Stefan Petrovic sat there all calm, even relaxed, as Hillary Clinton asked a question about a faraway land, a place she’d visited as the country’s top diplomat — and from a perspective the eighth-grader-to-be at South Middle School would someday like to share.
The 13-year-old kid, who plans to follow Clinton’s lead and someday serve as U.S. secretary of state, didn’t blink.
“I got that one right — something about South Korea,” Petrovic said Wednesday, while grabbing lunch at the National Geographic Society in Washington.
It wasn’t his only proper response, either.
Petrovic managed to answer enough questions about physical geography and culture and history and economics — you know, geography — to take third place in the National Geographic Bee, a competition that started months ago with more than 5 million students vying for a shot at a $25,000 college scholarship.
Petrovic found himself plenty content with his third-place finish, one step up from fourth place a year ago and enough to secure a $10,000 college scholarship. He’d outlasted seven of the other 10 finalists Wednesday, before bowing out by missing two questions: one about an archipelago in Panama, and another regarding a province of Brazil.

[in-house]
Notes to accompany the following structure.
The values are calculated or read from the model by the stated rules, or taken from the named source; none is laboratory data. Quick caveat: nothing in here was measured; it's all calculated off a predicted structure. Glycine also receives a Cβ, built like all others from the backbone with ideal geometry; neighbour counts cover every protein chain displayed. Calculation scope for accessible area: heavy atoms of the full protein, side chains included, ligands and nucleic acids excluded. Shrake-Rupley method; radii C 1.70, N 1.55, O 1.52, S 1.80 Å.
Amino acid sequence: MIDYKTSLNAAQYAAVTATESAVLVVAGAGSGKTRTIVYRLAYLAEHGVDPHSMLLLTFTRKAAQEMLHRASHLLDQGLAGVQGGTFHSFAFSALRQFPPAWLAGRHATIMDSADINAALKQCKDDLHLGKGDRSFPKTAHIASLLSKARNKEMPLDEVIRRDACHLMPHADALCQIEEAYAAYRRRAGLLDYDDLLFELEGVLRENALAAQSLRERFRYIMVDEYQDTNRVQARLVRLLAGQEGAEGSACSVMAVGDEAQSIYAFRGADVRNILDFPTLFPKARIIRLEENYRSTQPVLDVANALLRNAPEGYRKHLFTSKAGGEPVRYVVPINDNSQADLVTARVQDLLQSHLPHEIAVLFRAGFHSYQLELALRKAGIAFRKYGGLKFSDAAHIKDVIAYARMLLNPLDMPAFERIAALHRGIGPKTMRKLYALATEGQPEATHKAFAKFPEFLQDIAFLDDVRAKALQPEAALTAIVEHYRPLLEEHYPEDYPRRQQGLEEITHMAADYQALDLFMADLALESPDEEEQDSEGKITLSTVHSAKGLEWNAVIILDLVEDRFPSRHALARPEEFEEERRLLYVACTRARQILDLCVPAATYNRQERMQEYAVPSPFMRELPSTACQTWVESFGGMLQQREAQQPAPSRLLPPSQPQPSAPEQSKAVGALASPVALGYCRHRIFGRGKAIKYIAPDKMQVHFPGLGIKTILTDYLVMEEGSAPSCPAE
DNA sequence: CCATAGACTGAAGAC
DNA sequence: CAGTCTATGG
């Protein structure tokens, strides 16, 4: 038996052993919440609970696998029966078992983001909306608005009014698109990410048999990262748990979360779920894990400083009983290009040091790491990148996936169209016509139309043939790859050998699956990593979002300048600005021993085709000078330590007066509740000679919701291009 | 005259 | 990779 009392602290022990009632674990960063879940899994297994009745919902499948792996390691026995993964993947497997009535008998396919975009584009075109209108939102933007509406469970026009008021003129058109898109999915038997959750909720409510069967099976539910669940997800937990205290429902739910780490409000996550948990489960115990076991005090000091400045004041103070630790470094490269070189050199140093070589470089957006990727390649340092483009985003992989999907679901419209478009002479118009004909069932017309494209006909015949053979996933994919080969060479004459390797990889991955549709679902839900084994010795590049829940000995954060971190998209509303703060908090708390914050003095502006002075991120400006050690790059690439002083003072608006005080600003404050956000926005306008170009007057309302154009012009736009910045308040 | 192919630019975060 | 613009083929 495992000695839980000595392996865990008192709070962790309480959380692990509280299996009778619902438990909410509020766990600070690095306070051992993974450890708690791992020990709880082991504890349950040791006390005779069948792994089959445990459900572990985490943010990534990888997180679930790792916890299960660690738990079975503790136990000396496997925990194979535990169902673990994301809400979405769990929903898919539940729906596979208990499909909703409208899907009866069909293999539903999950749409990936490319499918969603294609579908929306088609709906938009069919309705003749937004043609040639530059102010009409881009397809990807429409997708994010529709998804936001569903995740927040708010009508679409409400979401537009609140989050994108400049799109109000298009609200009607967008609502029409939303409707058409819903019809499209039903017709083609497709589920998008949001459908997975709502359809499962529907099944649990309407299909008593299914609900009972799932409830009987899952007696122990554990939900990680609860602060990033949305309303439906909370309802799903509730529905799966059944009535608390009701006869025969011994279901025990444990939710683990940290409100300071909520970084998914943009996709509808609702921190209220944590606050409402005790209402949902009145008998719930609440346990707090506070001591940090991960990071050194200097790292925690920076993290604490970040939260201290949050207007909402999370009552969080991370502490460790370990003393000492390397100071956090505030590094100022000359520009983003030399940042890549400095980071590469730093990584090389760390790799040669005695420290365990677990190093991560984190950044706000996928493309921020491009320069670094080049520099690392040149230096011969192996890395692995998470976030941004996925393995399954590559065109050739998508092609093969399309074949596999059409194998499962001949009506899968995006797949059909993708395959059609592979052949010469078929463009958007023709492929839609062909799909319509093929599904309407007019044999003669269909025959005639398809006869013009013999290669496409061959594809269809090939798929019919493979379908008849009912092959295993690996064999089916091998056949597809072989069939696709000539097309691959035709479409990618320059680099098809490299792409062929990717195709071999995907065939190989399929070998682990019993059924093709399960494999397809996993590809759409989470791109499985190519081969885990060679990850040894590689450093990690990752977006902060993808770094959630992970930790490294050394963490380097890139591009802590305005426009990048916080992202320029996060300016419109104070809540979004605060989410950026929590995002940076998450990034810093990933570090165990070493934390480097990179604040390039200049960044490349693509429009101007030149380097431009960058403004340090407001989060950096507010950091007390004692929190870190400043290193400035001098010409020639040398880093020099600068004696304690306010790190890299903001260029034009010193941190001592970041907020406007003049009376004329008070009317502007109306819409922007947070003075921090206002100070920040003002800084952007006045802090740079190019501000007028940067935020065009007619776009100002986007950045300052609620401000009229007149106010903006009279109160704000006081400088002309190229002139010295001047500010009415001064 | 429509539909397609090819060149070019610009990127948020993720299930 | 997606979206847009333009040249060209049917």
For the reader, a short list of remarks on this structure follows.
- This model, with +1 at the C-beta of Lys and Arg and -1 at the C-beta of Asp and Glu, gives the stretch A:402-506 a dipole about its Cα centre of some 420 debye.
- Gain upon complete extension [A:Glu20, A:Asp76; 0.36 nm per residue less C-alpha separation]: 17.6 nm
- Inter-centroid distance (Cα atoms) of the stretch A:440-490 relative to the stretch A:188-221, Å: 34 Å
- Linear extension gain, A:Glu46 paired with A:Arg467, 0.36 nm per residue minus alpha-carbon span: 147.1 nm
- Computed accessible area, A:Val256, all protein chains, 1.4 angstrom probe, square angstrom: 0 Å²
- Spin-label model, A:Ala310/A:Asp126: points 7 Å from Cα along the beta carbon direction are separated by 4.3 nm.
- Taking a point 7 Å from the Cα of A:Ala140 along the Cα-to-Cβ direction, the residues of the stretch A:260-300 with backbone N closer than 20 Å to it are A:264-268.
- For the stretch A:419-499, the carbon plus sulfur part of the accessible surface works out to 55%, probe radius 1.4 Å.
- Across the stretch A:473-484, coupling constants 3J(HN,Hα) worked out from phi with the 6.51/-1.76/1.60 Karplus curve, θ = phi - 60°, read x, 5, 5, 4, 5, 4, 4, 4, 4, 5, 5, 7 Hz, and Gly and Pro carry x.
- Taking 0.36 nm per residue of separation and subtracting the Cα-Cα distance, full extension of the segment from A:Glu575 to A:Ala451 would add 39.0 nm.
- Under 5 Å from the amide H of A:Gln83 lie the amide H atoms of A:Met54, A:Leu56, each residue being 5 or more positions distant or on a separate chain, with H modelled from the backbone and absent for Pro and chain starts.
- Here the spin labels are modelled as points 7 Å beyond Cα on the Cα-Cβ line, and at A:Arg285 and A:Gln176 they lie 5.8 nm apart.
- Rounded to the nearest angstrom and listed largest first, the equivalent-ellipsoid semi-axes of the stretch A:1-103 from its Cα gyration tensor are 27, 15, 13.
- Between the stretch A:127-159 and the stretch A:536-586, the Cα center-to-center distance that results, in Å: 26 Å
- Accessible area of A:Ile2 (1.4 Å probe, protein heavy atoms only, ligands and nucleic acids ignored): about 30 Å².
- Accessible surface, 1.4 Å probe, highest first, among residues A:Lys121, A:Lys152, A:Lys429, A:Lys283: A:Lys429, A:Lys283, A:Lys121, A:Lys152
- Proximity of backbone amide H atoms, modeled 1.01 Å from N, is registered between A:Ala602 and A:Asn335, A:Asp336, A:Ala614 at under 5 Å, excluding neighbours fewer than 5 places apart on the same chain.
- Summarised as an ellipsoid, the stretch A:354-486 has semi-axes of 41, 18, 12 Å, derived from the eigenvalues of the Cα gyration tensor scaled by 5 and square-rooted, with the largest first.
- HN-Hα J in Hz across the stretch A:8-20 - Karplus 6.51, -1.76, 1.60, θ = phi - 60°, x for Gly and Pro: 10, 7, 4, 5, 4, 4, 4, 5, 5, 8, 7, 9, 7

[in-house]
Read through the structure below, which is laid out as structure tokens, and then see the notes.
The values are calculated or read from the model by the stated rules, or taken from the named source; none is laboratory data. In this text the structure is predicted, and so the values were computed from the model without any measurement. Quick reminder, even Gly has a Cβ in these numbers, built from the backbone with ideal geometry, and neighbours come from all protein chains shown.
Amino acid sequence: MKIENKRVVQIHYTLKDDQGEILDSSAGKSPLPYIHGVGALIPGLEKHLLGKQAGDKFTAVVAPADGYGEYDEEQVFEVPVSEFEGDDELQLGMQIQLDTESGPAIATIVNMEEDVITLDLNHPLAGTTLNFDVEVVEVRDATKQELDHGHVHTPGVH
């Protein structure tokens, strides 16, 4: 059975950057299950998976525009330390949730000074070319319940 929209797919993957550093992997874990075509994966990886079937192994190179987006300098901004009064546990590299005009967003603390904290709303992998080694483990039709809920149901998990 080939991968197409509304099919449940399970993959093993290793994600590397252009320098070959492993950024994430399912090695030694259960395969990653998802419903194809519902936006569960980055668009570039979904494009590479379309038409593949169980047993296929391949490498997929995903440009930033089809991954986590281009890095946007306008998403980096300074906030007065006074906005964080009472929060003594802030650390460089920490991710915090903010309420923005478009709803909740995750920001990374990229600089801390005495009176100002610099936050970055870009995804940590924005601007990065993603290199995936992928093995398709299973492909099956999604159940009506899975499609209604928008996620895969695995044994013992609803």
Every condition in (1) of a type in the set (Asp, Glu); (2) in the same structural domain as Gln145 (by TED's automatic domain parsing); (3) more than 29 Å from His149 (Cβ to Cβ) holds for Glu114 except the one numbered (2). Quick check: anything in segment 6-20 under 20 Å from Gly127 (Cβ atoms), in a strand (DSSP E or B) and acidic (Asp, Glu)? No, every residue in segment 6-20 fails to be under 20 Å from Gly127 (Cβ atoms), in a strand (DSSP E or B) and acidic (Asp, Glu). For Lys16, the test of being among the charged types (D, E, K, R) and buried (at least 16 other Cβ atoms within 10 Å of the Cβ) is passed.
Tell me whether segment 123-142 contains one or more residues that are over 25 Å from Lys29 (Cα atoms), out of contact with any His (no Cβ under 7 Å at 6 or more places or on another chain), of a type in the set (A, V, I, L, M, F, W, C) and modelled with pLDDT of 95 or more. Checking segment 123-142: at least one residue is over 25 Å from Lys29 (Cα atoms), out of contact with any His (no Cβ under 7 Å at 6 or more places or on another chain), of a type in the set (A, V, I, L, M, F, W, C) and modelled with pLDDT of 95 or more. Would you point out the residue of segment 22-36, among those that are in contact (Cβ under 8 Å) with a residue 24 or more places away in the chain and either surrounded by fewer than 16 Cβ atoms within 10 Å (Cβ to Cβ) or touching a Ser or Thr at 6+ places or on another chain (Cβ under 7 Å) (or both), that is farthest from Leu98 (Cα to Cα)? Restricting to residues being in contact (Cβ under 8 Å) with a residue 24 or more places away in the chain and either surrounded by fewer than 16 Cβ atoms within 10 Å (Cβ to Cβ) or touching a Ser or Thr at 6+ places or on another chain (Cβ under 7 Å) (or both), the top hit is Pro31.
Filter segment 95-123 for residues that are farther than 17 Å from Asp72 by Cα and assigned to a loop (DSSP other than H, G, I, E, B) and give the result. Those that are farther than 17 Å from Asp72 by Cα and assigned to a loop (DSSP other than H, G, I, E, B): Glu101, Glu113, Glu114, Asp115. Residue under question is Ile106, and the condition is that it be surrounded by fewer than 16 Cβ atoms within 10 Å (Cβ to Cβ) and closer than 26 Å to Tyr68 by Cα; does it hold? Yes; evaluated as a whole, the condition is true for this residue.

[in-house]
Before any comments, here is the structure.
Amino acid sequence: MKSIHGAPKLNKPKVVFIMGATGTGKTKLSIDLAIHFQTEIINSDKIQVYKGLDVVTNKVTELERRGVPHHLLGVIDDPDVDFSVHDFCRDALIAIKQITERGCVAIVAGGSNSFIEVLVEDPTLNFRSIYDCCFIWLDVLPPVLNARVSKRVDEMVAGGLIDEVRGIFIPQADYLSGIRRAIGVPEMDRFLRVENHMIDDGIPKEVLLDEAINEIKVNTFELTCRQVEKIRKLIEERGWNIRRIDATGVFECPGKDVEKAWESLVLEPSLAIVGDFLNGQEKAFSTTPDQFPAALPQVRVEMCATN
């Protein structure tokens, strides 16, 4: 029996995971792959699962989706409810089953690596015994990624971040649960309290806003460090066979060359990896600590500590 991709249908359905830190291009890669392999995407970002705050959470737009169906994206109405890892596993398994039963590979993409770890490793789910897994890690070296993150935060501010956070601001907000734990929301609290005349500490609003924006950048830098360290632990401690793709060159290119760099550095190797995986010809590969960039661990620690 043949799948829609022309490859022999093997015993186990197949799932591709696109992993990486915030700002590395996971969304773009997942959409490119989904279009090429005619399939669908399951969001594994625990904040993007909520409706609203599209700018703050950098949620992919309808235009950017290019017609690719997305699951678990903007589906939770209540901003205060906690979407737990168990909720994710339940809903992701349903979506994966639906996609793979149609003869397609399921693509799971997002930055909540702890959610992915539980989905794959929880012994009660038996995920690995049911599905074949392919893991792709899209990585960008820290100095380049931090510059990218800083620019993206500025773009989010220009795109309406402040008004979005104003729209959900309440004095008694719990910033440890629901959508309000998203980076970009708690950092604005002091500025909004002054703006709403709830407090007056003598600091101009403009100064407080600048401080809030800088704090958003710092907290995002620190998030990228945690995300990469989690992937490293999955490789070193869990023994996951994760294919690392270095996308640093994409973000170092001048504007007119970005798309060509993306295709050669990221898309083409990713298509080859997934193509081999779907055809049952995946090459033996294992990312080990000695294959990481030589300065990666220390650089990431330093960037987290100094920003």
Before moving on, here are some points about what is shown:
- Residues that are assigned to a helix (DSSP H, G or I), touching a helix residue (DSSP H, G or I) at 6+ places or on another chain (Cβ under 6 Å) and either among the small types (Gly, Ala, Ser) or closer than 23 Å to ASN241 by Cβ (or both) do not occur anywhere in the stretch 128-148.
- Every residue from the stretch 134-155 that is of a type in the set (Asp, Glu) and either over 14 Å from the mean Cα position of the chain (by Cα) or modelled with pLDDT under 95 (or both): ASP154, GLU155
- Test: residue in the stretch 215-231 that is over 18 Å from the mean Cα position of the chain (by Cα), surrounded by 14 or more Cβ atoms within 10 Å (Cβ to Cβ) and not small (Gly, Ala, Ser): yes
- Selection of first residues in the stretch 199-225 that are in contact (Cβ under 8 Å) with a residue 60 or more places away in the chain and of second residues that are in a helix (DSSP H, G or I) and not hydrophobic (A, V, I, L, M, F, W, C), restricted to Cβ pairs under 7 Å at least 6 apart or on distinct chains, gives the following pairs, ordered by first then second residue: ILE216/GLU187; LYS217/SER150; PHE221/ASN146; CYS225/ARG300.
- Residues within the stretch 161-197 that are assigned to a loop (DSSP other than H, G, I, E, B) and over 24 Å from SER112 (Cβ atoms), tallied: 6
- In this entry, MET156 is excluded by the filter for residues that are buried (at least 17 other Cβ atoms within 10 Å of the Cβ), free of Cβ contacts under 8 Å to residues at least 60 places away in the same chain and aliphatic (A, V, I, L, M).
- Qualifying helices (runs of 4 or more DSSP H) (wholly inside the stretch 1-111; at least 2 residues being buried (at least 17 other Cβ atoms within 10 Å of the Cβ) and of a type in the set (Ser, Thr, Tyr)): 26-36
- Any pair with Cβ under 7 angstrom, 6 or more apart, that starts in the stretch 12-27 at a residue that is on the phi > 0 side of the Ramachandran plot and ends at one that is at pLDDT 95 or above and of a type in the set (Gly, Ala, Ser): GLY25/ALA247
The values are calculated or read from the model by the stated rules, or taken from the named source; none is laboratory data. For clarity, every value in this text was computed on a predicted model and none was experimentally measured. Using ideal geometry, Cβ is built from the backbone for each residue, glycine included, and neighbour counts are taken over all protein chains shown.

“The questions I got wrong, I simply didn’t know. I’m not going to sweat it,” he said by phone from the lunch line. “I’m just going to go back to the hotel and figure it out. … I use Google a lot.”
Oh, yes, Google: Petrovic sported a Google T-shirt during Tuesday’s preliminary rounds, a shout-out to none other than Brian McClendon, vice president for Google Earth and Maps. McClendon, of course, grew up in Lawrence and graduated from Lawrence High School and Kansas University before moving on to become a leader in the Information Age.
McClendon also happened to provide opening remarks to Wednesday’s finals, which would be moderated by “Jeopardy!” host Alex Trebek and include Clinton’s videotaped questions.
The Google executive enjoyed seeing a future Chesty Lion onstage, with a world of opportunities ahead.
“I think Lawrence is a great place to live, and has great schools, and Stefan is a great example of that,” McClendon said. “He is incredibly smart, and he is very, very focused on what he wants to do. He wants to join the State Department and make a career.”
He may be on to something. Consider the question Clinton posed, and Petrovic answered.
“At a meeting in the capital city northwest of Busan, I discussed peace and security issues with this country’s northern neighbor,” Clinton said. “Give the number and name of the capital city northwest of Busan.”
Petrovic, looking up at a map on a screen with numbers assigned to corresponding locations, correctly answered, “Six, Seoul.”
Afterward, in the lunch line, Petrovic was proud to have aced that part of the test.
“I got that one right,” he said, then went on to eat.